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Missing the missed approach
In-flight safety

Missing the missed approach

By: The CTS Team   •  

It was a dark and snowy night… Our non -tower destination would require an approach through a mountain pass, with an equally precise missed approach back out through the mountains, if necessary. With 2 hours of flying still to go, our 4:00 AM wakeup call was starting to catch up to us as we watched the weather at our destination deteriorate at 7:00 PM. Knowing that our mountain landing would be tricky even with a good night's rest, we spent most of the flight discussing the approach, keeping a watchful eye on our fuel and the weather.

Since the weather was still marginal VFR when we began our descent into the dark clouds, our emphasis was definitely on the “approach” side of things, with a quick briefing of the missed approach instructions. I briefed the heading, altitude and holding pattern entry for the miss, but that was the extent of it. Oh, and we DID discuss making a beeline to our alternate if a going missed became necessary, but neither one of us actually thought that would happen.

The descent was relatively uneventful, except for light icing as we entered the clouds. A periodic check of the ASOS, however, indicated that snow was moving in. The visibility went from 10 to 7 to 3, just since we had begun our initial descent. No problem…we would be there soon. We were cleared for the procedure turn and begin the approach, but that’s when we went from “no problem” to “problem”.

The autopilot had a mind of its own and twice began an unauthorized “dive” (yes dive in the mountain pass) and I had no choice but to disengage and hand fly the rest of the way. The approach suddenly became very busy, with multiple step downs and preselecting altitudes and cross checks. Strike one.

We had the ASOS on the #2 radio and as we began the final segment, the snow became heavy enough to limit the visibility to 1 mile. We began to consider the possibility that the runway would now be slick with an unknown braking action. Another issue to distract us. Strike two.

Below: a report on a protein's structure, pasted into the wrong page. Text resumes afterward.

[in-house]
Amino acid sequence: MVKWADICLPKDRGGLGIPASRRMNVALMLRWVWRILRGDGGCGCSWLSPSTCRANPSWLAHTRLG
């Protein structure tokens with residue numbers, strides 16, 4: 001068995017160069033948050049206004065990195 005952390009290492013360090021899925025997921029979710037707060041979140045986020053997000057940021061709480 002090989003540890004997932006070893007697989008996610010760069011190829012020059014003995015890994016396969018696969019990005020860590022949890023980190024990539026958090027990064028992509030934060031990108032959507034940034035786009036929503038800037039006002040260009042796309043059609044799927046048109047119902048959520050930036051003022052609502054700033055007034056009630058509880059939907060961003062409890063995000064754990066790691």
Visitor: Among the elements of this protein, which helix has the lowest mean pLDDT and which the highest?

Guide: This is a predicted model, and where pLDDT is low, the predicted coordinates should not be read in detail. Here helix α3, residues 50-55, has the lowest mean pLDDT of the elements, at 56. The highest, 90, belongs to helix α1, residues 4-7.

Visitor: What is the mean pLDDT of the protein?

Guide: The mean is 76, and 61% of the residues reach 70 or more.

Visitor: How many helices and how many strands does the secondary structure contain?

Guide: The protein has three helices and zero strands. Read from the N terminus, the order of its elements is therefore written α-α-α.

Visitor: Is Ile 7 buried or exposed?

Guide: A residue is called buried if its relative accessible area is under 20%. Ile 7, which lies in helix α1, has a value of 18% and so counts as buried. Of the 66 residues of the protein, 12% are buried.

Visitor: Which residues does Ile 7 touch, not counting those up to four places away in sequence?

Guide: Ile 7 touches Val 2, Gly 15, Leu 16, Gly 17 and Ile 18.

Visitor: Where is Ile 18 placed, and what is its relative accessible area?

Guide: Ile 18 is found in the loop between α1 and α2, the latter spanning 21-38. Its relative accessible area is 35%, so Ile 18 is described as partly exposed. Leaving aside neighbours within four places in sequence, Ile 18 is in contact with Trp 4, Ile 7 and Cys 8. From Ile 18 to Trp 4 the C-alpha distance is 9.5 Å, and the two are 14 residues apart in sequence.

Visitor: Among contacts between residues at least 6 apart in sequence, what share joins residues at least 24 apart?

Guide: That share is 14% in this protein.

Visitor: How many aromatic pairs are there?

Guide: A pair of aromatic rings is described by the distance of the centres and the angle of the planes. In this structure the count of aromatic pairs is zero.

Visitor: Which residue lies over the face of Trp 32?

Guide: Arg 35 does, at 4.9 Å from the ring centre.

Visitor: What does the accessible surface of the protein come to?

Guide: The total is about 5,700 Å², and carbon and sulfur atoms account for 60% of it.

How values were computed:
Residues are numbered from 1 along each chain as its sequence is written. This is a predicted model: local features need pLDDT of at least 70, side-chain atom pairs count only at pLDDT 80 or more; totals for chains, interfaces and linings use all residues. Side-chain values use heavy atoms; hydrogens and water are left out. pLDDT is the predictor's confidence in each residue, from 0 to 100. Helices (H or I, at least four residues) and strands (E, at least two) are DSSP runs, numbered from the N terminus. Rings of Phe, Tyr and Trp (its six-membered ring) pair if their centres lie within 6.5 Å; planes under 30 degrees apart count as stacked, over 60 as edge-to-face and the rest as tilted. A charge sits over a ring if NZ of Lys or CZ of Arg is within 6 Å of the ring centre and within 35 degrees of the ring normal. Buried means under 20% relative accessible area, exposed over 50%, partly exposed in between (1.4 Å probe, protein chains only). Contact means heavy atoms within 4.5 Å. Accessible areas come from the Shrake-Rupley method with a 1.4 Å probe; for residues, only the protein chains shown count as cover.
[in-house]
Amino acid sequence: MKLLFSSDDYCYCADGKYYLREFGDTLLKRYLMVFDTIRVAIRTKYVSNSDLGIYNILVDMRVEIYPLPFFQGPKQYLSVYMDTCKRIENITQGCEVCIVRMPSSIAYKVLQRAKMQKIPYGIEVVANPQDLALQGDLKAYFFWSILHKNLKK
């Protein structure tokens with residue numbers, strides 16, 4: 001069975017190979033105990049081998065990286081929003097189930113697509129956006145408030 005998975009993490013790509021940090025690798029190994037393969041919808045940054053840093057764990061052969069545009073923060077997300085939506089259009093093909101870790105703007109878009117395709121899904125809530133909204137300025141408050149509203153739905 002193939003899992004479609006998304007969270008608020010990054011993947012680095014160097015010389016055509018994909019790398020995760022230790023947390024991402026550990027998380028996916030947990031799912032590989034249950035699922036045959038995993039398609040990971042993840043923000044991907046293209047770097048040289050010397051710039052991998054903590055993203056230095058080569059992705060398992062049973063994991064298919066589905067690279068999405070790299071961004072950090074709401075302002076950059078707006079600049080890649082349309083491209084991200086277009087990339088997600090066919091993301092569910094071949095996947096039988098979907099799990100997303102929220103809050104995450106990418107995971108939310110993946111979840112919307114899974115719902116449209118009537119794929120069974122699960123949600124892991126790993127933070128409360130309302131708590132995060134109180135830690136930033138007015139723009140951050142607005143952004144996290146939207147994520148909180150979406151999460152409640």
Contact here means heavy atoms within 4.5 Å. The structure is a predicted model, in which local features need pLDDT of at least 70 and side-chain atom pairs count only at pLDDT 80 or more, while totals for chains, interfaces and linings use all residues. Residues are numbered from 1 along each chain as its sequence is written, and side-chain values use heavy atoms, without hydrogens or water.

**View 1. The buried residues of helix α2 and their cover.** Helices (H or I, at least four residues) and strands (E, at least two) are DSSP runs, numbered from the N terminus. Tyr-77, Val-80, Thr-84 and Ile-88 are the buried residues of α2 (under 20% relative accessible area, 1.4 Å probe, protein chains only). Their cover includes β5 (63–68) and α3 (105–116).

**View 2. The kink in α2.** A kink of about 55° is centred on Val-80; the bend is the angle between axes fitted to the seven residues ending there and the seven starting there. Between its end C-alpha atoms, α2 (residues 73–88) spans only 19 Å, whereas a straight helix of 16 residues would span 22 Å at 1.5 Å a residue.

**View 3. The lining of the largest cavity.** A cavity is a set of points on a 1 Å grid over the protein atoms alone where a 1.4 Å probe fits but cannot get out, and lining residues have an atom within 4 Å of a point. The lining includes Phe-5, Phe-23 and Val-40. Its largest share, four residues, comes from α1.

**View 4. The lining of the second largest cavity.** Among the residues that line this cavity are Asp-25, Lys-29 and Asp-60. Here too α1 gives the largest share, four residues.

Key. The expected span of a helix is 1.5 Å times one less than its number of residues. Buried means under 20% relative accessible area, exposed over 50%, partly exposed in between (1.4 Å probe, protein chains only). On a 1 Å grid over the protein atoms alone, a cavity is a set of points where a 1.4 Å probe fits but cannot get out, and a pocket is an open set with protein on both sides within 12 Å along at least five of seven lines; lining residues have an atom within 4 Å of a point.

As we approached the landing minimums to our slightly offset approach, we both started to think that the runway lights had not been activated, even though we had keyed the mike several times. It was just too dark outside! But then, in a blur that we caught out the right window, the faint sight of runway lights, as they flew past us at 140 knots. Strike three. We’re out.

Missed Approach! Takeoff Power. Positive Rate Gear Up. Wait…What was that heading?? What was that altitude? We had briefed the miss but neither one of us could remember it! It simply took a back seat to all the distractions happening during the approach. I’m not proud of this, but it did teach us a valuable lesson.

Always, always, ALWAYS be prepared for the missed approach. And I don’t mean that you should just go through the motions of a missed approach briefing. Write it on a sticky note or find a place to enter the pertinent info on a second radio or VOR frequency or something! We did not have time to preselect the missed approach altitude, but normally we do. If you get in the habit of being thoroughly prepared for a go-around or missed approach, it will never catch you by surprise, no matter how busy and distracted you get in the moments leading up to it.

Our night ended with a safe arrival to our preselected alternate. Our earlier decision to not mess around with a second landing attempt served us well, since we landed with only the legal amount of fuel onboard. We were lucky. Others have not been. Be prepared!!

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